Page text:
How many bits we can negate using two/three NOT gates ?

I am newbie at this subject so I ask for help. It is about circuits.

After reading link given in comments by @D.W I think that I can negate bits without NOT gates. I know that it is impossible, however I don't know where I am wrong.

Simply, I can sort bits, then I can find $i-$th bit that it is first bit $1$ in sorted sequence.
so, $b_{1,...,i-1}=0$ and $b_{i,...,n}=1$. Now, I now where I should return $0$ and where $1$. So I write in circuits something like:

b_0 -> 1 = c_0
b_1 -> 1 = c_1
b_{i-1} -> 1 = c_{i-1}
b_i -> 0 = c_i
b_n -> 0 = c_n

Then, I sort bits $c_1,...,c_n$. I didn't use NOT gates, the trick was to using constants $0$ and $1$.
Where am I wrong ?

  • $\begingroup$ Which gates are we allowed to use? (presumably NAND is not allowed, for instance) Are there fan-in/fan-out limits? What have you tried? Have you tried seeing if you can negate 2 bits using 1 NOT gate? negate 3 bits using 2 NOT gates? negate 4 bits using 3 NOT gates? There are only so many circuits to consider.... $\endgroup$ – D.W. Apr 19 '17 at 22:02
  • $\begingroup$ @D.W can you show me at begin 2 bits using 1 NOT ? I tried to solve it but no result $\endgroup$ – user54001 Apr 20 '17 at 18:37
  • 1
    $\begingroup$ I haven't tried to solve it myself, but you should be able to quite easily determine whether it is possible. Any approach that uses one NOT gate has the form $t = f(x_1,x_2)$, $u = \neg t$, output $y = g(x_1,x_2,u)$ where $f,g$ are monotone functions. There are only 6 monotone functions with two inputs, and only 29 monotone functions with three inputs. So, write a program to examine all $6 \times 29$ cases and see what you find. Work your way up from there (3 bits with 1 NOT? 3 bits with 2 NOTs? etc.), see how far you can get and where you get stuck, and update the question accordingly $\endgroup$ – D.W. Apr 20 '17 at 19:49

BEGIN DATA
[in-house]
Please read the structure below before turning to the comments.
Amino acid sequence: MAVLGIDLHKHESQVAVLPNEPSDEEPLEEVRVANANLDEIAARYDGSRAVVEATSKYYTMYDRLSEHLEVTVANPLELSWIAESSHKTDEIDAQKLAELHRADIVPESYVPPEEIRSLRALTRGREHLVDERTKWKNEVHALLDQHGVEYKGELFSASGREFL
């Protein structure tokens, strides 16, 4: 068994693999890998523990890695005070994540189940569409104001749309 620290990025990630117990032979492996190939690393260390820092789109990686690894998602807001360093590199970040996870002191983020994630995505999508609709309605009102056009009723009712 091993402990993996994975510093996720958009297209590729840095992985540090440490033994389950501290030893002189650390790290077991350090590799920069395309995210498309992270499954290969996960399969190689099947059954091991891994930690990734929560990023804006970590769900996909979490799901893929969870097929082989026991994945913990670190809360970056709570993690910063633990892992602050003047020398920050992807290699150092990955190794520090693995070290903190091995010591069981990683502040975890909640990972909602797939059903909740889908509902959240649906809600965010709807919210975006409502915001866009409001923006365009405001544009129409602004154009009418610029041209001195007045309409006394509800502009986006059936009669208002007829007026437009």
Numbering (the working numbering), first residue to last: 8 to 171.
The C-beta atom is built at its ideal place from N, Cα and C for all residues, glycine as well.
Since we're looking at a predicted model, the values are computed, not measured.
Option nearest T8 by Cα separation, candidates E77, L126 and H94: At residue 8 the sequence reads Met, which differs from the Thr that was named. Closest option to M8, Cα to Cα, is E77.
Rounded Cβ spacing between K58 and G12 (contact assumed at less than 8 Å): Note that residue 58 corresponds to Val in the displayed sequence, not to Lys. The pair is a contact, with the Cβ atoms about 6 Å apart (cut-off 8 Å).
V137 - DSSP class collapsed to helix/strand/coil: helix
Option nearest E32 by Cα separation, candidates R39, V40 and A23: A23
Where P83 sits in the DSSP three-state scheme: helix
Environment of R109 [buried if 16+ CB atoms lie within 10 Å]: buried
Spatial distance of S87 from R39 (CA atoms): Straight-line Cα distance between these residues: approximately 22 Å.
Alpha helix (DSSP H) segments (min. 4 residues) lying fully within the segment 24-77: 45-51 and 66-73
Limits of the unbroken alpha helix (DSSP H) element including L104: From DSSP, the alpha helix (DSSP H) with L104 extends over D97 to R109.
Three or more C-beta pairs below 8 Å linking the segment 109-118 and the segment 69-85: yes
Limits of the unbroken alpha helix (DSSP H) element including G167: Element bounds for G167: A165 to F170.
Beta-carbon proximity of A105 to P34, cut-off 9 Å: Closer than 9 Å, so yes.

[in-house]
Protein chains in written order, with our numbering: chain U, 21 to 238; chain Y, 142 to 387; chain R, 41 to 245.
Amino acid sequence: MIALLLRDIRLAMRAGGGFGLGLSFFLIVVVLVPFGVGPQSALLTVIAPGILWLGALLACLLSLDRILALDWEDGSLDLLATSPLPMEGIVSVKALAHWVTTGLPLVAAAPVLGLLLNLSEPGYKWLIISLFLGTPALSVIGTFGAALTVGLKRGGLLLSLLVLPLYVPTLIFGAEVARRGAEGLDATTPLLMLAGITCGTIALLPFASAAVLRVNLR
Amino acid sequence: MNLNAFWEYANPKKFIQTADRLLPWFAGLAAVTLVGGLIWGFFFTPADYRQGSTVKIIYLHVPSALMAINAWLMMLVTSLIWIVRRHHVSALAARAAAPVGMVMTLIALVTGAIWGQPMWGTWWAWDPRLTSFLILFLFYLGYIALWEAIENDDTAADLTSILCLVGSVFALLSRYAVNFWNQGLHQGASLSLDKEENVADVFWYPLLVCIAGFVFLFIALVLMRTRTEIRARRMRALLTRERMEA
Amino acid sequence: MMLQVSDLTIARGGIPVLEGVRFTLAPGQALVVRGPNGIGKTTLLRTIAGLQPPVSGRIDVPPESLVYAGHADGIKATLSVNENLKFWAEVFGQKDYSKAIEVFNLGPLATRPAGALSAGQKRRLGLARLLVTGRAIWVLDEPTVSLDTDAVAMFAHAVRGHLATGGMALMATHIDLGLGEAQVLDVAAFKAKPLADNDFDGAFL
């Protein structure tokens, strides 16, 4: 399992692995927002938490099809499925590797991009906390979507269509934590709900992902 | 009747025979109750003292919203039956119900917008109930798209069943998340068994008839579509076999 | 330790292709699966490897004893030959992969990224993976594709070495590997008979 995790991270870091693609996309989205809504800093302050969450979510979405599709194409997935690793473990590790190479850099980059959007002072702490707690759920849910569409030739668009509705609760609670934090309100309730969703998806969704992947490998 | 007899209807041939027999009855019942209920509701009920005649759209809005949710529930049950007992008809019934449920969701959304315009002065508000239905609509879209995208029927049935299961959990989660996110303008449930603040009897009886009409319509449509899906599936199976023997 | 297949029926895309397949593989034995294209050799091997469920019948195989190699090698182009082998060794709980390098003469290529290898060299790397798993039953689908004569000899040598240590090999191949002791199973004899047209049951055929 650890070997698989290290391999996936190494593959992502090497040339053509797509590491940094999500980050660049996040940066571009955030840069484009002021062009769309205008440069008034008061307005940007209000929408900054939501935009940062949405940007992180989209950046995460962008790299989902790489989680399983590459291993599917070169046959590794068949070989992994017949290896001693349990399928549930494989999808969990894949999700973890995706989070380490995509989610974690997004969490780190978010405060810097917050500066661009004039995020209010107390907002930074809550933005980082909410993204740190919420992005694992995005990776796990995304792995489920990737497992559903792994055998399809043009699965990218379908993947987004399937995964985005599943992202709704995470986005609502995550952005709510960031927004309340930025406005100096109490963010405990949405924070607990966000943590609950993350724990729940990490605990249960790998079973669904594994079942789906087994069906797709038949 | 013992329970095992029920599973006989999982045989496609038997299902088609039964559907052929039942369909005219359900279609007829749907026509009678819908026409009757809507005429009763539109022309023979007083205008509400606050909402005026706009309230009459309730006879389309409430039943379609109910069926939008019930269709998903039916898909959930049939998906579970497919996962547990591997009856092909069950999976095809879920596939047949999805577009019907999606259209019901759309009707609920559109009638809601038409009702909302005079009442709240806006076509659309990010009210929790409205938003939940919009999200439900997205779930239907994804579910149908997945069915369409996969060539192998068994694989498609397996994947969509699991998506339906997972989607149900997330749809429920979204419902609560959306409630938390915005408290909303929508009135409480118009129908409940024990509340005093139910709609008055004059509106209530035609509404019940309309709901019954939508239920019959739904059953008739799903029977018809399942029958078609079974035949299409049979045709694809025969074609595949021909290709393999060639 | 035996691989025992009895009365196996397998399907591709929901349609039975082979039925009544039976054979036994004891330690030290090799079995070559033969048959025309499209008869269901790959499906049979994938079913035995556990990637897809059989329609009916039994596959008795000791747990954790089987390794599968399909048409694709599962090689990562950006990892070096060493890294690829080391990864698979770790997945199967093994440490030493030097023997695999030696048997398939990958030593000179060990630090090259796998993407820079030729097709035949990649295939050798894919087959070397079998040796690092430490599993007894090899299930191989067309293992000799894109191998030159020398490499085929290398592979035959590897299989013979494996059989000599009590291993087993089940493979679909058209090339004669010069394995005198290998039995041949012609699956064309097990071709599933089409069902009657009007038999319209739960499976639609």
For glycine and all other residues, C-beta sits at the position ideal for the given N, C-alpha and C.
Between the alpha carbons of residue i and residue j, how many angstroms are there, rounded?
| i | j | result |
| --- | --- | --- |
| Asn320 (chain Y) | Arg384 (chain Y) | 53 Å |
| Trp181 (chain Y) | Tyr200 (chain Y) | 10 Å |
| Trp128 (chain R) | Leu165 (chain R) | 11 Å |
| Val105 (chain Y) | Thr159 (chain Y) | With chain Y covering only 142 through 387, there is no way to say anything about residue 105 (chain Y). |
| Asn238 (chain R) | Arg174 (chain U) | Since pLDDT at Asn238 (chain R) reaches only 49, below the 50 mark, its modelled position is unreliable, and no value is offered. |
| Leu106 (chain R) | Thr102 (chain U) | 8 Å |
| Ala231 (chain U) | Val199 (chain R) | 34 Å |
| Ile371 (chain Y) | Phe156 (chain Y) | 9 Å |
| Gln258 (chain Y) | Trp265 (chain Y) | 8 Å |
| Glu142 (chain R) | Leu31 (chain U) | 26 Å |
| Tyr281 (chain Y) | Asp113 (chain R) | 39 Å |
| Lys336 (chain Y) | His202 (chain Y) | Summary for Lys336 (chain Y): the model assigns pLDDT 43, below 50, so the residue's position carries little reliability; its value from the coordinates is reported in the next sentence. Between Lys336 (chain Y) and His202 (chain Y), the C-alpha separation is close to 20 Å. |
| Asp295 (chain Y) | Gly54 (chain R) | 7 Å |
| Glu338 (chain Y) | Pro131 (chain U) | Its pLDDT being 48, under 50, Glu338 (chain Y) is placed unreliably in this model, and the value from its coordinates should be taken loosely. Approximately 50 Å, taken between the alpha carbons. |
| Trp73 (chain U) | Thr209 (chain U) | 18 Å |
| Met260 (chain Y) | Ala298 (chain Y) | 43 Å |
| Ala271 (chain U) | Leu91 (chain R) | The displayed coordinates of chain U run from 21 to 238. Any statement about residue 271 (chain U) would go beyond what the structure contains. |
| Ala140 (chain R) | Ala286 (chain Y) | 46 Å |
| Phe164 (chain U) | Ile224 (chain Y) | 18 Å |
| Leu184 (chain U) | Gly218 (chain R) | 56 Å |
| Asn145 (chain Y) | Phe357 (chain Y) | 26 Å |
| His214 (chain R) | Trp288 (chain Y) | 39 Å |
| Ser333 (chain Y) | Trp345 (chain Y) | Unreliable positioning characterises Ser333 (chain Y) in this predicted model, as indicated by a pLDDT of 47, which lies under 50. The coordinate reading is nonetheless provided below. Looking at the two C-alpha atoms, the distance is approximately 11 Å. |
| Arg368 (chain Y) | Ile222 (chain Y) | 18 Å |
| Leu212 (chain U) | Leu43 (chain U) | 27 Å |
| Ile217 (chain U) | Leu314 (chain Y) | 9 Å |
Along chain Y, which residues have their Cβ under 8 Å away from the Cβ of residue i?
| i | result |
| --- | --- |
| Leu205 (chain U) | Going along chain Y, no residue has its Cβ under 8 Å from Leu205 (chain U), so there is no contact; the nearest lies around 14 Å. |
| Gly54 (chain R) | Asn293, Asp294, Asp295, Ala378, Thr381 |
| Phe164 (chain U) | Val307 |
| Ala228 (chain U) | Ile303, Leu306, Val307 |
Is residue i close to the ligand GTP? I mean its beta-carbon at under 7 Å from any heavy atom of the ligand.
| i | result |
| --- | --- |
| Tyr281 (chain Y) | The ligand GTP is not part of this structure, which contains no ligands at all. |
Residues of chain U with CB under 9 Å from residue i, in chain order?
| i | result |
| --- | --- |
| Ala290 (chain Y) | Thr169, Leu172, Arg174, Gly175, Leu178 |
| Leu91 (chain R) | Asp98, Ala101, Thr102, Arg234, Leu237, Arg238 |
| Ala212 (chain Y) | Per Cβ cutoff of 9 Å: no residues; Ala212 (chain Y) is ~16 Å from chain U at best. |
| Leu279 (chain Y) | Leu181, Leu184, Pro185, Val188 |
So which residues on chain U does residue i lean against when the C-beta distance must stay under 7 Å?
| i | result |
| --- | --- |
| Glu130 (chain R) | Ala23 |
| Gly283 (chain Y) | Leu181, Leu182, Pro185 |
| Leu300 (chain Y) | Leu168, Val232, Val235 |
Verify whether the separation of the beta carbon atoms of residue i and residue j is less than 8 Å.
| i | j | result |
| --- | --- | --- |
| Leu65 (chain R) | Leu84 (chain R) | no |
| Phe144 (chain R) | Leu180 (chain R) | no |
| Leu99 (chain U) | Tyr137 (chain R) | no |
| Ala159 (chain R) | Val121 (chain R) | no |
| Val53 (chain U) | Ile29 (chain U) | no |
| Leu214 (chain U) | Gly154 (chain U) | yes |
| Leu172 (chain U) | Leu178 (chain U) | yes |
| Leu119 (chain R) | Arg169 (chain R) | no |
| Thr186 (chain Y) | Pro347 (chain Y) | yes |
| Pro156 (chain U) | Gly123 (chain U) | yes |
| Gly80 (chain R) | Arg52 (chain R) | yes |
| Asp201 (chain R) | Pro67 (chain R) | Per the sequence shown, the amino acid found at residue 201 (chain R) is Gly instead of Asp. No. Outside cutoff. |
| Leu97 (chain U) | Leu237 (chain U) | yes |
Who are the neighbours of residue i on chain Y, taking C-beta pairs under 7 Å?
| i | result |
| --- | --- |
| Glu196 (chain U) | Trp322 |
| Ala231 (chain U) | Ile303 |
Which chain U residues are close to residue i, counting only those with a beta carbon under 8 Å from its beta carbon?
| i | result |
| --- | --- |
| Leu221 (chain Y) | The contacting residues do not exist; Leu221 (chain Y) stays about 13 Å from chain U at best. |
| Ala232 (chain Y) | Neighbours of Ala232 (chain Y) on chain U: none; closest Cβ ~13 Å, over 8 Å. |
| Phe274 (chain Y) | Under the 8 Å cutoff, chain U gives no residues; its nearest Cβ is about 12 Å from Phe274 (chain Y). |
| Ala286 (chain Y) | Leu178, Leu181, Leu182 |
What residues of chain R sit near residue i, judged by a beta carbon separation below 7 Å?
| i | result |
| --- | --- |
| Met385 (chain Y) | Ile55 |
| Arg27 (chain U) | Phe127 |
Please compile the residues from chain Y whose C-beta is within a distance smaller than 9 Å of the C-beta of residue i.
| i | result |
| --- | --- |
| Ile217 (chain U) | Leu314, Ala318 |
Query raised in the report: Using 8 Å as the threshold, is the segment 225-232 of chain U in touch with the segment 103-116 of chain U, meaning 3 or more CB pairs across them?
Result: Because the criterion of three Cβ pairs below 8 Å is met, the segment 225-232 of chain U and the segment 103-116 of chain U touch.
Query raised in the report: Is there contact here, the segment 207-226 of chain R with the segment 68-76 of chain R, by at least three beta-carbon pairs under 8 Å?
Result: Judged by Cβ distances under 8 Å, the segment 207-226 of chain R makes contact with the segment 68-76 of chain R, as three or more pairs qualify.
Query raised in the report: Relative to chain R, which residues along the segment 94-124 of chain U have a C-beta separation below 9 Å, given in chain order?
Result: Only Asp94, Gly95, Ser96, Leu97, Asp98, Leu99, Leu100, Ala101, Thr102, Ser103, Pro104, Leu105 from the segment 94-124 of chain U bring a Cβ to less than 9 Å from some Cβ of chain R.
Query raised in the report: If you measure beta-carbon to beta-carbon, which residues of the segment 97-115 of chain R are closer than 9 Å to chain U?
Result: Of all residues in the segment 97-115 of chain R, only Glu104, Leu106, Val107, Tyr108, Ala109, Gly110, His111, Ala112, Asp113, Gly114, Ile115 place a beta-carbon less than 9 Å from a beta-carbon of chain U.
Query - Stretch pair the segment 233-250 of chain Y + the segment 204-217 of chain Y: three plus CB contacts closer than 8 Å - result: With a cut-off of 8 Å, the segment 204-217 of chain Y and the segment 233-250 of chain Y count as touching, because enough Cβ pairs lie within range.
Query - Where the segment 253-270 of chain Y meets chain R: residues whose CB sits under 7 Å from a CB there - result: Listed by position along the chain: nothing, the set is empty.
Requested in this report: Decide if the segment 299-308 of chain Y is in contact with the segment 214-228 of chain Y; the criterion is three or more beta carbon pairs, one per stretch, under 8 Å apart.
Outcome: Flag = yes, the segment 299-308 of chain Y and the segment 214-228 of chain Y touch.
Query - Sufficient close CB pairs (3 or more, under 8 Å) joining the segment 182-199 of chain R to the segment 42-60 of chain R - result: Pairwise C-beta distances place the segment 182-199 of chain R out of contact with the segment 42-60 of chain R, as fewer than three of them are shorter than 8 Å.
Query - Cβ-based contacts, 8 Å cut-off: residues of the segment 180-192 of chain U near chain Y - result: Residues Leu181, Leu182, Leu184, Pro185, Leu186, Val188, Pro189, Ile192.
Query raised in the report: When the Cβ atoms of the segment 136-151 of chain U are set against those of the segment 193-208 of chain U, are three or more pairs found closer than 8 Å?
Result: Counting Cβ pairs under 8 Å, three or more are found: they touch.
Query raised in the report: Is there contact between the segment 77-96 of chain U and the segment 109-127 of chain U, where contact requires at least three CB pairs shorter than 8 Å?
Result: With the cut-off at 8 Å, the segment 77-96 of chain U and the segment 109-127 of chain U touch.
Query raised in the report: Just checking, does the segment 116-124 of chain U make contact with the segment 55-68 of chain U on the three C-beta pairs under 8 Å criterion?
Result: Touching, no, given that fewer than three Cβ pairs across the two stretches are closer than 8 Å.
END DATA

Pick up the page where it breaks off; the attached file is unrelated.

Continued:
• $\begingroup$ I don't undestand your hint. On input we have two bits: $x_1, x_2$. We would like to get on output $\neg x_1, \neg x_2$. What does mean here $f,g, monotonous$ I have no idea. Could you try to explain it in more clear way, please ? $\endgroup$ – user54001 Apr 20 '17 at 21:08
  • $\begingroup$ You're right. I should have written $t=f(x_1,x_2)$, $u= \neg t$, $y_1 = g(x_1,x_2,u)$, $y_2 = h(x_1,x_2,u)$. The question is whether there exist monotone boolean functions $f,g,h$ such that $y_1 = \neg x_1$ and $y_2 = \neg x_2$ always holds. You can check whether this is the case by writing a program to examine all $6 \times 29 \times 29$ possible combinations of monotone functions $f,g,h$. (Any monotone boolean function can be implemented with a circuit that uses only AND and OR gates, no NOT gates; and vice versa.) $\endgroup$ – D.W. Apr 21 '17 at 5:04

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